The scariest diabetes mistake possible

The term 'mistake' seems very harsh when I think about type 1 diabetes management. It implies that most things are very clear cut--that there actually is a right or wrong answer. If you're reading this, you probably already know that things aren't that easy.

But there is one simple mistake that can land you in a sea of trouble in a hurry.

Setting the mistake stage: basal vs. bolus

I'm over simplifying this, but in a non-diabetic person the pancreas delivers insulin in two different ways. It releases a small amount of insulin every few minutes, and then in larger bursts when the blood sugar rises (typically from a meal or snack).

The small delivery every few minutes is usually called 'basal,' and a large burst is usually called a 'bolus.'

In cases of type 1 diabetes, we try to replicate this in a couple of ways. One way is to wear an insulin pump, which uses only rapid-acting insulin, and the pump is programmed to deliver a small amount of insulin every few minutes (the basal rate). When a burst of insulin is needed, the pump can be told to deliver a larger amount of insulin when and as needed (a bolus).

Another way to accomplish this is to use two different type of insulin delivered through a syringe or insulin pens. With this approach, the boluses are handled by taking shots of rapid-acting insulin as needed. The basal side of things is usually handled with one or two shots of a different type of insulin. In this case, the insulin itself is suspended in a formulation of stuff that releases the insulin a little at a time, even though the entire dose has been injected.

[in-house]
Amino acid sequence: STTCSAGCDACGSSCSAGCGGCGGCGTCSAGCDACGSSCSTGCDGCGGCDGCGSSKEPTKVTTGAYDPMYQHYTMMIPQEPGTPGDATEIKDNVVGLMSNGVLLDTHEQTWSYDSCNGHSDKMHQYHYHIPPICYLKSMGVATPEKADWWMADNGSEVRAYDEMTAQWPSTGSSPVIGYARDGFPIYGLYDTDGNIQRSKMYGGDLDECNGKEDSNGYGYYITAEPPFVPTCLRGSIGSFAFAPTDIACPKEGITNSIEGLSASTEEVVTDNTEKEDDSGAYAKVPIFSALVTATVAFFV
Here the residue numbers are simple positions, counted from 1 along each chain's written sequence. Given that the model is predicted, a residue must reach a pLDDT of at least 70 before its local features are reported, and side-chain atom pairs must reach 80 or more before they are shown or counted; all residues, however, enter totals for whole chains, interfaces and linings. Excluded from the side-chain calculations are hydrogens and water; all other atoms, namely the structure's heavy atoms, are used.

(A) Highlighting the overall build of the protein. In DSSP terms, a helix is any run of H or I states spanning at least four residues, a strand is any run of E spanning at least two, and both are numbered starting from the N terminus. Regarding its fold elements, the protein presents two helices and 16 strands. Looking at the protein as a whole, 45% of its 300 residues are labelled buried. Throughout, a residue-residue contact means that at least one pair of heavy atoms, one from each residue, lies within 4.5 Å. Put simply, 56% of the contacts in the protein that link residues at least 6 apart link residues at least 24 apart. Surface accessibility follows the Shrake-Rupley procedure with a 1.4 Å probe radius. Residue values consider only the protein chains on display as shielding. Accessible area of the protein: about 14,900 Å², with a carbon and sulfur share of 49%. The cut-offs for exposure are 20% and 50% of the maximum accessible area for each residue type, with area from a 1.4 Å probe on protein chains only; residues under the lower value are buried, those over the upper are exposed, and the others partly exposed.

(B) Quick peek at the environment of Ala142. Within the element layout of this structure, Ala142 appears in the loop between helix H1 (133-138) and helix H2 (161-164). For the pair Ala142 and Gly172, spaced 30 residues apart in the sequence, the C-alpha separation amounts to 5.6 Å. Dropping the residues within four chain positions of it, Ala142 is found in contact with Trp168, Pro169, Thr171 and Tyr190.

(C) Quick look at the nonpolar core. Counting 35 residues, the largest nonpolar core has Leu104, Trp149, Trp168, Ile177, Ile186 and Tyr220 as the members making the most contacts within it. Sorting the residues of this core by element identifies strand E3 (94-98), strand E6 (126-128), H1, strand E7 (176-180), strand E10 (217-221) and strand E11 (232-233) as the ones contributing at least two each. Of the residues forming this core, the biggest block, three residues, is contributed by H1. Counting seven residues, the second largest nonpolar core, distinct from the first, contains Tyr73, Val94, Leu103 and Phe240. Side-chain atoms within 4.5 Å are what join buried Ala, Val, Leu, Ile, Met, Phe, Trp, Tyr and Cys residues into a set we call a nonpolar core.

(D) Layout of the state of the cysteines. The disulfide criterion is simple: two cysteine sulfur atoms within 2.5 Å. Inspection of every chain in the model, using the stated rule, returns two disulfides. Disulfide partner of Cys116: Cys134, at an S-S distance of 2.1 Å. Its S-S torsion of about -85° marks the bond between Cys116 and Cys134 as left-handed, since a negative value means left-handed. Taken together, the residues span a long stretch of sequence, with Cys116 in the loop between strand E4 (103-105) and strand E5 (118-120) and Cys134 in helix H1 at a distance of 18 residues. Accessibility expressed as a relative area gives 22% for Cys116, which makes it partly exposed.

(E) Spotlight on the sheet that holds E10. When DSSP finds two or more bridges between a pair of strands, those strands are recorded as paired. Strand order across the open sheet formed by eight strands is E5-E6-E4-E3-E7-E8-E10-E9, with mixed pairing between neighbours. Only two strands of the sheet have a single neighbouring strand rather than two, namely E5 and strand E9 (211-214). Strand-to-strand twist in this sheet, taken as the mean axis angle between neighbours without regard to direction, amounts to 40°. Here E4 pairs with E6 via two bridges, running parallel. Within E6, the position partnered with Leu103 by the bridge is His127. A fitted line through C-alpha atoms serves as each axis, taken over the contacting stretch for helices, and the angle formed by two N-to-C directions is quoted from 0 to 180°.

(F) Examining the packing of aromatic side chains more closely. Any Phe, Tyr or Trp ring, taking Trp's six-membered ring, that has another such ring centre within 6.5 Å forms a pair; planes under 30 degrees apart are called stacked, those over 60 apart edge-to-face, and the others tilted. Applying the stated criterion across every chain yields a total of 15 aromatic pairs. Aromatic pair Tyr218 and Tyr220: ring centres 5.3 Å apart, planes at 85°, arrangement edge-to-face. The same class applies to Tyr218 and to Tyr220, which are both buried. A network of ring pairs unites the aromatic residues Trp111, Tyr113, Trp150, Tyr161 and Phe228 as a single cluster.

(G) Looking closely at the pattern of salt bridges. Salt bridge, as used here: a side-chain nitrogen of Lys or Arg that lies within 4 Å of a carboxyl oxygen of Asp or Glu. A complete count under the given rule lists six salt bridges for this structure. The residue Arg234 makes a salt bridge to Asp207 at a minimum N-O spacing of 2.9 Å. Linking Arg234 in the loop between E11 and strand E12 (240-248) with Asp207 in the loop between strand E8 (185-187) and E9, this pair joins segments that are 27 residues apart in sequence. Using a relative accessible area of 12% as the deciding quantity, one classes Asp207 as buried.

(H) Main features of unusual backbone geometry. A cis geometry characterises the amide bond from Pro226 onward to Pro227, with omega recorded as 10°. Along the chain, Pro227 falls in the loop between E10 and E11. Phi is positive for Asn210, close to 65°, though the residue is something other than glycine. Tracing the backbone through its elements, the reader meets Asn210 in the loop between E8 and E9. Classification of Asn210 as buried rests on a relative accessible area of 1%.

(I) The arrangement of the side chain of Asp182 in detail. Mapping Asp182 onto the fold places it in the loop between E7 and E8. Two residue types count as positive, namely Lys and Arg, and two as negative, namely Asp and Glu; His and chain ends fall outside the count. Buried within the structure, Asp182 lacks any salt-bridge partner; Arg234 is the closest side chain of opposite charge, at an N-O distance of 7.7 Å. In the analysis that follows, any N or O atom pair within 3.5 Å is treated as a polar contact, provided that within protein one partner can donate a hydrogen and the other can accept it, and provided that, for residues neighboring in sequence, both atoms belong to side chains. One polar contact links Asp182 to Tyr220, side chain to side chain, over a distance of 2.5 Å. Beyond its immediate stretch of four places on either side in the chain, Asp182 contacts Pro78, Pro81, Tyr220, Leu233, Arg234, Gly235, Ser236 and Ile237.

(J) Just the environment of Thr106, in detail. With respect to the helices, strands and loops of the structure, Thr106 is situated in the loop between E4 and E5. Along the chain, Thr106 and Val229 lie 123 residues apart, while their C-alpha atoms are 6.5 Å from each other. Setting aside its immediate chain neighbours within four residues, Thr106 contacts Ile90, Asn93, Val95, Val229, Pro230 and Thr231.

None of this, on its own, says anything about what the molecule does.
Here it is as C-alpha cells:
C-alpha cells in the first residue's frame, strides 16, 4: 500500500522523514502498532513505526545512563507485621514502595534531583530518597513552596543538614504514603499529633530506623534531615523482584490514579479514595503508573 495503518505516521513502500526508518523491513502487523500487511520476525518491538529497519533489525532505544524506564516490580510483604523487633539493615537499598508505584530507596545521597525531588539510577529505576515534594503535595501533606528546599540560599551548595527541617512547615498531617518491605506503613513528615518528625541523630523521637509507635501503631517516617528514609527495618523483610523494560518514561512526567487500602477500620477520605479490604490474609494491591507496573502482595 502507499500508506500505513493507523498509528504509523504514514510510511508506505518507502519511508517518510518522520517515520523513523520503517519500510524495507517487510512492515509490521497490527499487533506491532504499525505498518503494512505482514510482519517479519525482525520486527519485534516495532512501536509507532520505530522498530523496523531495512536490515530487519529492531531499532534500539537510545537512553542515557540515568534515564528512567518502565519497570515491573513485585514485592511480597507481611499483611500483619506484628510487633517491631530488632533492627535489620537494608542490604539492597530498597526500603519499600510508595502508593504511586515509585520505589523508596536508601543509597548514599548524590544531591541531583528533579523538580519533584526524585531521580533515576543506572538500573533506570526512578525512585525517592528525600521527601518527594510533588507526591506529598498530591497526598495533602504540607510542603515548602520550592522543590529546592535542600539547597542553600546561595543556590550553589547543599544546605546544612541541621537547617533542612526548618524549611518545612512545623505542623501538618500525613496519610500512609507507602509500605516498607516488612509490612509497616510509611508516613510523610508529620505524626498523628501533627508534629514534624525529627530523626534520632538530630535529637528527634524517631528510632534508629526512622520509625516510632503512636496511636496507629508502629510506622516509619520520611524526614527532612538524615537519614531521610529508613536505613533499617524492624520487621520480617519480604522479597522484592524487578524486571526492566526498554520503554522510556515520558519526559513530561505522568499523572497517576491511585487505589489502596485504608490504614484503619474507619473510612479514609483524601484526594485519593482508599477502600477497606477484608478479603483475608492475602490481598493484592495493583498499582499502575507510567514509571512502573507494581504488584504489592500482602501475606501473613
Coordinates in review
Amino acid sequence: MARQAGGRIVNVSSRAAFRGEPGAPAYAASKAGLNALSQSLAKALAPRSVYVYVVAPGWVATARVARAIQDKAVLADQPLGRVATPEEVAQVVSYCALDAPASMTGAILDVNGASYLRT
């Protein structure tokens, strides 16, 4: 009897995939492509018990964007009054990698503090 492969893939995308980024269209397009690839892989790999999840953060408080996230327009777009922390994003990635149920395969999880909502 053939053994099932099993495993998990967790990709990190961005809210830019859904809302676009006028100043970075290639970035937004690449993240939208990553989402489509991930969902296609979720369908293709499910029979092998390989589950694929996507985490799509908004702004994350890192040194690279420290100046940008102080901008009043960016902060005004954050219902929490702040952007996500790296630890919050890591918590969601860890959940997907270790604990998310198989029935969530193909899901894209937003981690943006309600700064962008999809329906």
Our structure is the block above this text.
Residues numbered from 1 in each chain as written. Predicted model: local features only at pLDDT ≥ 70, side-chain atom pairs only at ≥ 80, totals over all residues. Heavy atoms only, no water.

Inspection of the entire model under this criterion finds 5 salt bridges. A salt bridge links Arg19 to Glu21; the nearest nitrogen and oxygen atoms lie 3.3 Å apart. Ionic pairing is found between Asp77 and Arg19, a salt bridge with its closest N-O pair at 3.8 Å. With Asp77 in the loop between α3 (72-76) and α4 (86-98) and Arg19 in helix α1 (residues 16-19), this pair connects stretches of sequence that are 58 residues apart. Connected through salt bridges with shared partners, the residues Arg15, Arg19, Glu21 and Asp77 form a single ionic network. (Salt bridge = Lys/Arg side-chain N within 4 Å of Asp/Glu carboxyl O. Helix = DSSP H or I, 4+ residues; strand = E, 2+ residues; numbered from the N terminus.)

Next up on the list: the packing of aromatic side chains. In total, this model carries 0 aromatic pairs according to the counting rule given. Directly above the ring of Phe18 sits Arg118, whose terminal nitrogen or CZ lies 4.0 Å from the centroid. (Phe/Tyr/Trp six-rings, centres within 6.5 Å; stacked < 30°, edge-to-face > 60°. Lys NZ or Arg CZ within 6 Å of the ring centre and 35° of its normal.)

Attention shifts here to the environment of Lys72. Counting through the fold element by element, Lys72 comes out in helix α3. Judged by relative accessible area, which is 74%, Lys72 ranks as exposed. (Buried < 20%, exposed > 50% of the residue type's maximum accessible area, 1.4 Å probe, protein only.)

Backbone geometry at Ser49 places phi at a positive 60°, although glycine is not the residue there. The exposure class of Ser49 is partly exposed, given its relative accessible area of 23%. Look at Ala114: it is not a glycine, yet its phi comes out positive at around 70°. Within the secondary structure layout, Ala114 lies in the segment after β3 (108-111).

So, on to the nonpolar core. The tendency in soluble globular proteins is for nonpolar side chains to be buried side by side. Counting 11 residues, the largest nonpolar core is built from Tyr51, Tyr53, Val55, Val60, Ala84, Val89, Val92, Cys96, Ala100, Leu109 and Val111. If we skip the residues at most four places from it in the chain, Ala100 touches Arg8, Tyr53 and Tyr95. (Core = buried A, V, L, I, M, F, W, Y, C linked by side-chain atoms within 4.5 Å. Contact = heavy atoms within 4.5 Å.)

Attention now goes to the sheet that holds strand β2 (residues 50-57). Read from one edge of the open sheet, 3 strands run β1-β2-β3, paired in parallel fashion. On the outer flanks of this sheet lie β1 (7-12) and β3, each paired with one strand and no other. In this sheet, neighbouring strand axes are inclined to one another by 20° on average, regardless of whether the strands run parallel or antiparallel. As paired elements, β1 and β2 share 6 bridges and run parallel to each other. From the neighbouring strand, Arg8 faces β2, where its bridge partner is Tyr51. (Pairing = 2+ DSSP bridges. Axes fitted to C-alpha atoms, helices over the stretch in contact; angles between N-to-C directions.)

Does that make sense? You have fast insulin, and slow insulin. The fast insulin handles the bolus needs, and the slow insulin handles the basal needs. A dose of basal insulin, when given with a syringe or pen, is usually pretty substantial. Think about it. It's enough insulin to cover your basal needs for most of the day.

The mistake: Taking the wrong insulin

Now think about how easy it is to grab the wrong pen, or draw up from the wrong vial, delivering a relatively large amount of fast acting insulin all at once. This becomes much more than a simple mistake. It is, all of a sudden, a life or death situation with a super short fuse.

It gives me the chills just thinking about it.

I wear an insulin pump, which comes with its own set of risks and trade-offs, but fortunately keeps me from making this particular mistake. I've heard of this mistake happening more than a few times. As sobering as it might be, there are probably also times this happens and we never hear about it.

If you have taken the wrong insulin, and for some reason you are researching solutions on the Internet instead of being on the phone with 911, please, stop right now and call for help. That insulin might knock you over faster than you can ingest carbohydrates to offset it.

If that happens, it may already be too late.

About Scott K Johnson

Scott K. Johnson was diagnosed with type 1 diabetes in April of 1980. He has been writing about his struggles and successes with diabetes since late 2004.

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